Raghunath Ramaswamy
Raghunath Ramaswamy Educated in pure sciences, my journey has its roots in Software development, Sales and Marketing. Since 1995, people have been the centre of my professional universe.I have since focused on acquiring, engaging, managing, nurturing, equipping and developing human resources.

Understanding the elements of a Job offer

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A job change is a very serious decision in life. A job offer needs to be properly understood and reviewed. I am concerned that many job seekers are only bothered about their take home salary. However the decision to join an organization should be made on many critical parameters.

The scope of this document is to help, professionals, understand, components of a job offer, to help them make conscious and careful decisions.

I also take the liberty of adding a note to the job seeker or the job applicant, on the clarity needed in communicating the decision to accept or refuse the offer. This goes a long way in not only enhancing the applicant's credibility but helps the hiring organization to look for alternate resource without affecting their fortunes.

An offer is made when there is an alignment and synchronization of expectation of the Applicant and the hiring organization on the following parameters:

1.  Role
2.  Designation
3.  Work location
4.  Compensation
5.  Time to join

Elements of an offer

Understanding an Offer

An offer may not just be the salary that is being offered.

The scope for learning and growth associated with the role that is being offered may be an important factor to consider the offer . This has a high impact on the future career growth.

Another critical ingredient is the area of the work that is being offered. It is important to understand how that particular area fits into the overall strategic directions of that organization,

The Company's brand, the sustenance, growth potential and prospects of the Industry, the core values of the organization and how they are perceived in the market are also important considerations.

The quality of the leadership at workplace and the quality of the co-workers are equally important considerations, while considering a job offer.

The offer has monthly components, yearly components, like leave travel assistance, statutory components like provident fund, gratuity and superannuation.

The offer could have benefits like health care for the applicant/family and perquisites like maintenance of car, driver, club membership etc.

Employee stock options could also be an important and attractive component of the offer.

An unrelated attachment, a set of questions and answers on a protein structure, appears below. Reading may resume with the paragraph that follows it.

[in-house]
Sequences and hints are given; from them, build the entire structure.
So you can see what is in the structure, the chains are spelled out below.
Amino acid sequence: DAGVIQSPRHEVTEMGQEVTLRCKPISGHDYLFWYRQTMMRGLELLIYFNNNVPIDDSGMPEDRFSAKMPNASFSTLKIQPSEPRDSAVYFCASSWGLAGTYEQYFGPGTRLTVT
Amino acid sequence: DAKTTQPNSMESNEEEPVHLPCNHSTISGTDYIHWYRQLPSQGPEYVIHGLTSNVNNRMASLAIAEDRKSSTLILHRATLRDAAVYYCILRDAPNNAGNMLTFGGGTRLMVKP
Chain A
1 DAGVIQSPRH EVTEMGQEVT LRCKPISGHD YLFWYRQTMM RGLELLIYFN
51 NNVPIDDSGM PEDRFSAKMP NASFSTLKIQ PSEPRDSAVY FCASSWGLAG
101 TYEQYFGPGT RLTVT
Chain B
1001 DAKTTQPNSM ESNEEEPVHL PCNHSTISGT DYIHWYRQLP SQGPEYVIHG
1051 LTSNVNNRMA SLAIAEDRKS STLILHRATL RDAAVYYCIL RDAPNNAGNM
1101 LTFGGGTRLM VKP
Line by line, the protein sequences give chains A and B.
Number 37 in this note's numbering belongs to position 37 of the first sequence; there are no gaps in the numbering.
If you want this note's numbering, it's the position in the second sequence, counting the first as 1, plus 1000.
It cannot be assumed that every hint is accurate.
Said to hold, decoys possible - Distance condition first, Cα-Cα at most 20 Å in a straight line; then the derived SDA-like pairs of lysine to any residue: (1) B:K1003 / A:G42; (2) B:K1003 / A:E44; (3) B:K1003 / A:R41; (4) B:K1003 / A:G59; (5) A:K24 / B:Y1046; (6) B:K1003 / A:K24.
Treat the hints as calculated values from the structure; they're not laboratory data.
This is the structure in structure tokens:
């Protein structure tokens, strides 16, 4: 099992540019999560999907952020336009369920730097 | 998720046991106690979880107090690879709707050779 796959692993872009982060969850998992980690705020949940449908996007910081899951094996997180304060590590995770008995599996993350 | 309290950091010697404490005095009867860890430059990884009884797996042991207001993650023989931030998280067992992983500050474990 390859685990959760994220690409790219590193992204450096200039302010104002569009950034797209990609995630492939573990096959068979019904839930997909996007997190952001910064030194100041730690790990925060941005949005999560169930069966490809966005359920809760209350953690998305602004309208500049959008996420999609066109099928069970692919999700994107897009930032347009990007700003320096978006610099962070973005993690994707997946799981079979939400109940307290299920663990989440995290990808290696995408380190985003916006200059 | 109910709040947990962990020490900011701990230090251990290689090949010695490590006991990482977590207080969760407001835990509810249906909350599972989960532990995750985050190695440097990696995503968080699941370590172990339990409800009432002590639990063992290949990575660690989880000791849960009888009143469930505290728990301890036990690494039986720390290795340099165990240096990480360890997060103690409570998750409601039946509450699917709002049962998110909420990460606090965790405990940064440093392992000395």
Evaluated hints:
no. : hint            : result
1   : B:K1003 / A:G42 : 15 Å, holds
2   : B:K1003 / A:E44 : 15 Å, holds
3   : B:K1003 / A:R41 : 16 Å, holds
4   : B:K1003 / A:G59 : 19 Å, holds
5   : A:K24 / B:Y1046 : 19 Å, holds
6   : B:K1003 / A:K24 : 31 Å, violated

Many companies could have attractive loan schemes.

The location of the company, the distance involved and time consumed in day to day travel could also be a significant components of the offer.

The time off/leave available every year has an important bearing on the offer.

Does the role require overseas travel? Does it require frequent travel? Overseas travel could be short term or long term. This could be an attractive financial reward. On the contrary frequent short term travel overseas or otherwise could affect the lives of applicants who are married.

This list is by no means exhaustive. The job seeker or the job applicant may come up with additional points and consider the attractiveness of the offer in totality before making a decision.

Communicating the decision

Any company that makes an offer is conscious that all the offers that it makes may not be accepted.

Therefore most companies may not be surprised if the job seeker or job applicant does not accept the offer.

If the job seeker or job applicant is not happy with the offer he or she must unambiguously express the same and seek clarity from the hiring organization if the hiring organization can match their expectations.

If clarity is provided, and the job seeker is still not happy, the job seeker must explicitly communicate, displeasure and unwillingness to accept the offer.

If the offer is not satisfactory, the job seeker will do well to communicate, non-acceptance of the offer as soon as possible.

Non-acceptance of an offer must be communicated as soon as possible. The earlier the better. This not only enhances a job seeker's credibility but also helps the hiring organization look for alternates.

Backing out in the last minute can cause serious embarrassment to the hiring organization and sometimes irreparable damage to their credibility and business fortunes.

Using an offer to seek internal promotions in existing organizations and shop for better offers, is a regrettable and avoidable activity.